Due Diligence in streamlining Commercial Transactions


Due Diligence, as the words suggest is the degree of care exercised by a person in a given circumstance. It echoes the Latin axiom caveat emptor, or “let the buyer beware’’. Due Diligence applies to any business transaction and is sometimes legislatively required, as contained in various provisions of SEC Act, US and Sarbanes-Oxley Act. There are several instances in which lenders conduct Due Diligence when they perform background checks for loans, ranging from home loans to large-scale commercial finance packages. The same is applicable for an underwriter who investigates the authenticity of stocks, bonds and mutual funds, and verifies the facts presented by issuers in registration statements, prospectus and other offering materials where underwriters can be held liable for any misstatements in offering materials unless they establish that they conducted sufficient Due Diligence.


Due Diligence in the corporate world encompasses multiple types, starting from the Due Diligence for KYC to the Due Diligence in Mergers and Acquisitions (M&A). The most widely recognised types of Due Diligence are the Financial Due Diligence and Legal Due Diligence.

In Financial Due Diligence, the focus is on the validation of historical information and the review of management and systems. The goal is to confirm the underlying profit and provide a basis for valuation.

In Legal Due Diligence, the focus is on a review of contractual agreements and commitments where the goal is to uncover warranties and indemnities as well as validate all existing contracts, sale and purchase agreements.

Apart from the aforementioned types, the Strategic Due Diligence is presented as going far beyond Financial Due Diligence. It is considered to be an enhanced version of Financial Due Diligence and when conducted comprehensively it increases the chances of a merger to succeed. The Strategic Due Diligence is a complex exercise to analyse the probability of the deal to work and if it is worth pursuing the deal. It takes into account the deal specificities and concentrates on investigating on what is considered to be critical to making the deal work. The Sarbanes-Oxley Act has further redefined the role of due diligence.


In the present day scenario, Due Diligence is frequently performed during M&A. As the likelihood of litigation increases in case of M&A, acquirers tend to become more diligent and begin pursuing several categories of Due Diligence. It is an evaluation process used by an interested buyer to better understand the selling business and the risks associated with potential ownership of the business. The reason Due Diligence is important from a buyer’s perspective in the case of a M&A is to understand how the business, its owners and how management operates. It is understood that buying an established company is less risky than starting one from scratch. This is because the buyer benefits from the start-up efforts of the Founder, the benefits of which are factored into the purchase price. And in such cases, to consummate a sale, the buyer and seller need to adjust their initial elements of the worthiness of business. The buyer conducts Due Diligence to make sure that he or she fully understands all aspects of business that is for sale. For buyer, the first step is to analyse the financial statements of the targeted company, whereas for a seller, it is all about getting the best deal.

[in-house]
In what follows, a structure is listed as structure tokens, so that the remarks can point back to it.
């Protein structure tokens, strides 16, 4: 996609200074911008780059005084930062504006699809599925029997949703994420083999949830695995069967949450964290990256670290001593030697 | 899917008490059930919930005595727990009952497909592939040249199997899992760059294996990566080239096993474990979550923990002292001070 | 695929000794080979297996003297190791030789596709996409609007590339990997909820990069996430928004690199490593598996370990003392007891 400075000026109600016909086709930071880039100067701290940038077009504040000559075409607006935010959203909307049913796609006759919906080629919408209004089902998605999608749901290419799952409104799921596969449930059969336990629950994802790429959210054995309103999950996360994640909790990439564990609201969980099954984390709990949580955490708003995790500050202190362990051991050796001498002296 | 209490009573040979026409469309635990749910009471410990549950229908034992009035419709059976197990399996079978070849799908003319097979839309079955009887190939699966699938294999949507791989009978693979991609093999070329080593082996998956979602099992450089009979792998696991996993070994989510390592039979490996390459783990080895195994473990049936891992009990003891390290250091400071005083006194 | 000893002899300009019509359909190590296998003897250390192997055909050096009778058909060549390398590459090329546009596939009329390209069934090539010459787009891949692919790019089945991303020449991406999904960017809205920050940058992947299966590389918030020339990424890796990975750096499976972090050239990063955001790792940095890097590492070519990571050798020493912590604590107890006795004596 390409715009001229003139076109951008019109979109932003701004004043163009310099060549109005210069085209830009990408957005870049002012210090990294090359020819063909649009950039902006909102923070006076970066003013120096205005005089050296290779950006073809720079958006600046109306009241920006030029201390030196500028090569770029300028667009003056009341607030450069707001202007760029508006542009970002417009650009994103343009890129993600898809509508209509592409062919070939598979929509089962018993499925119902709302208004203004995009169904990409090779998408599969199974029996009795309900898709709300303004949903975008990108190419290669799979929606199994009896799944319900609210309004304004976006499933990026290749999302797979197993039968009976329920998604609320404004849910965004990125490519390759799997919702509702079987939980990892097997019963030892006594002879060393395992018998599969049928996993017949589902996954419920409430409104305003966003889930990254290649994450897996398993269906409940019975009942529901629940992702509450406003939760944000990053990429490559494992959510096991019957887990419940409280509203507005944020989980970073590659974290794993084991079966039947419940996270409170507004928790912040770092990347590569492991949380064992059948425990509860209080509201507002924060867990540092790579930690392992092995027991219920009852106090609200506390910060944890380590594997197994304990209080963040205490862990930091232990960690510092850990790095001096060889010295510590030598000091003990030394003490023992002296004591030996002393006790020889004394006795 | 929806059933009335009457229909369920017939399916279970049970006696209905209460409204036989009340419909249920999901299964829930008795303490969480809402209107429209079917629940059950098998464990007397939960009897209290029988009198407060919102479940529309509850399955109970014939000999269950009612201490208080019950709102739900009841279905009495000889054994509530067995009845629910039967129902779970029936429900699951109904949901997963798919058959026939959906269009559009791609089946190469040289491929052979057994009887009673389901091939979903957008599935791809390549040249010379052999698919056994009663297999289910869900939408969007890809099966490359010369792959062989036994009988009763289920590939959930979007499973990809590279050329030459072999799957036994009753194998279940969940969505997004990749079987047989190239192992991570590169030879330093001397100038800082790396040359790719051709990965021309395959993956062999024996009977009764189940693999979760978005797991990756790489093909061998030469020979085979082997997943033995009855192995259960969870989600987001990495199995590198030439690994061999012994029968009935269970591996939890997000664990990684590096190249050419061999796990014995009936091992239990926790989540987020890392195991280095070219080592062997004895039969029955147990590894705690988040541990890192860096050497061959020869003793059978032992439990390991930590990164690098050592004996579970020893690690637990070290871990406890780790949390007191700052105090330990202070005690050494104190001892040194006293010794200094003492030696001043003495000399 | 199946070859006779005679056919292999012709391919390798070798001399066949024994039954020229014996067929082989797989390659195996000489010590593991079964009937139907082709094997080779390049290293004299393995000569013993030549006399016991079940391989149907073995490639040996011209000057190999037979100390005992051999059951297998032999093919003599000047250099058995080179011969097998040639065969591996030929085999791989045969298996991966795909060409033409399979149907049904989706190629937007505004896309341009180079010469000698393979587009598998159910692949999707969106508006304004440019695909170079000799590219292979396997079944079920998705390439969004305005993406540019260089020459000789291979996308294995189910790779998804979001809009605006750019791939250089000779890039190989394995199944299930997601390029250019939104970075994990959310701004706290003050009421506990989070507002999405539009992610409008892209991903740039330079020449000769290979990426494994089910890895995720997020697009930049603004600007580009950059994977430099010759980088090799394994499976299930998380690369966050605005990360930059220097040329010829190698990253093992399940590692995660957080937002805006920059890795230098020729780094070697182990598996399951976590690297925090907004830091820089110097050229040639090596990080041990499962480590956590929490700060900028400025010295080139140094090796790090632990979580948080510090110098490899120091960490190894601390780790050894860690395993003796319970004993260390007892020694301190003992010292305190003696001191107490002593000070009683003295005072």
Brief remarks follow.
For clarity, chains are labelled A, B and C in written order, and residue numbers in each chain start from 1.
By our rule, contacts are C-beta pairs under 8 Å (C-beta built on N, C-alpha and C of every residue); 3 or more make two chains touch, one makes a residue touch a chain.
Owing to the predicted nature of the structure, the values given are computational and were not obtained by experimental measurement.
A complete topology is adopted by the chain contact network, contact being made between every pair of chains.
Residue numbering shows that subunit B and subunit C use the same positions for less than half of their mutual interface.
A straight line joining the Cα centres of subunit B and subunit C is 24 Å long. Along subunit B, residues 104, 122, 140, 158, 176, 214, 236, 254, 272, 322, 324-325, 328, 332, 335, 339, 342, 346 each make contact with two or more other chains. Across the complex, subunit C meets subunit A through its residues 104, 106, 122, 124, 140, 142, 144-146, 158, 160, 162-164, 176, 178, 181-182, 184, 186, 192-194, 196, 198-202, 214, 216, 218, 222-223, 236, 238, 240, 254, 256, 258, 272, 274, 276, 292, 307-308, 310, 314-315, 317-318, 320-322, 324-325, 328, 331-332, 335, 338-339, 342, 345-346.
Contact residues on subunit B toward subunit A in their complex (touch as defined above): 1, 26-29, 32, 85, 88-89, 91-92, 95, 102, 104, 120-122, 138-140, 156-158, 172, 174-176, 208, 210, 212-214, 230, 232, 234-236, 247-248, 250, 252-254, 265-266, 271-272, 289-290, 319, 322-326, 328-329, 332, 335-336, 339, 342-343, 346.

In every Due Diligence process, there is a close analysis of various documents to understand the veracity on which Due Diligence is being performed. As far as mergers and acquisitions are concerned, some of the documents which need screening are company’s financial statements, breakdown of sales by product/ service group, inventory valuation, inventory write-down history, strategic plan and a five year forecast with detailed projections, and the capital budget of a company for the next three years etc.

By doing this, it helps both the targeted company and the acquiring company to achieve valuable market share, expand its product base, increase their profits and inject more equity into their brands.

Also, it is general practice that an M&A Due Diligence further conducts an in-depth analysis of balance sheets, company records and competitors that enables decision-changing insights, such as in the case of M&A deal of Amazon. Apart from the above-mentioned processes, it is also crucial for a company to examine the targeted company holistically by getting detailed inputs on existing contracts and commitments with third parties, which include settlement agreements, intellectual property rights, revenue shares and much more.

Based on the above discussion, it can be surmised that M&A is like a sport, where a player is often reminded the fact that a game is won in the actual practice and preparation of the game. In similar fashion, a successful M&A deal is concluded when Due Diligence is performed to review all aspects during various stages comprehensively.

Krishnamurthy S

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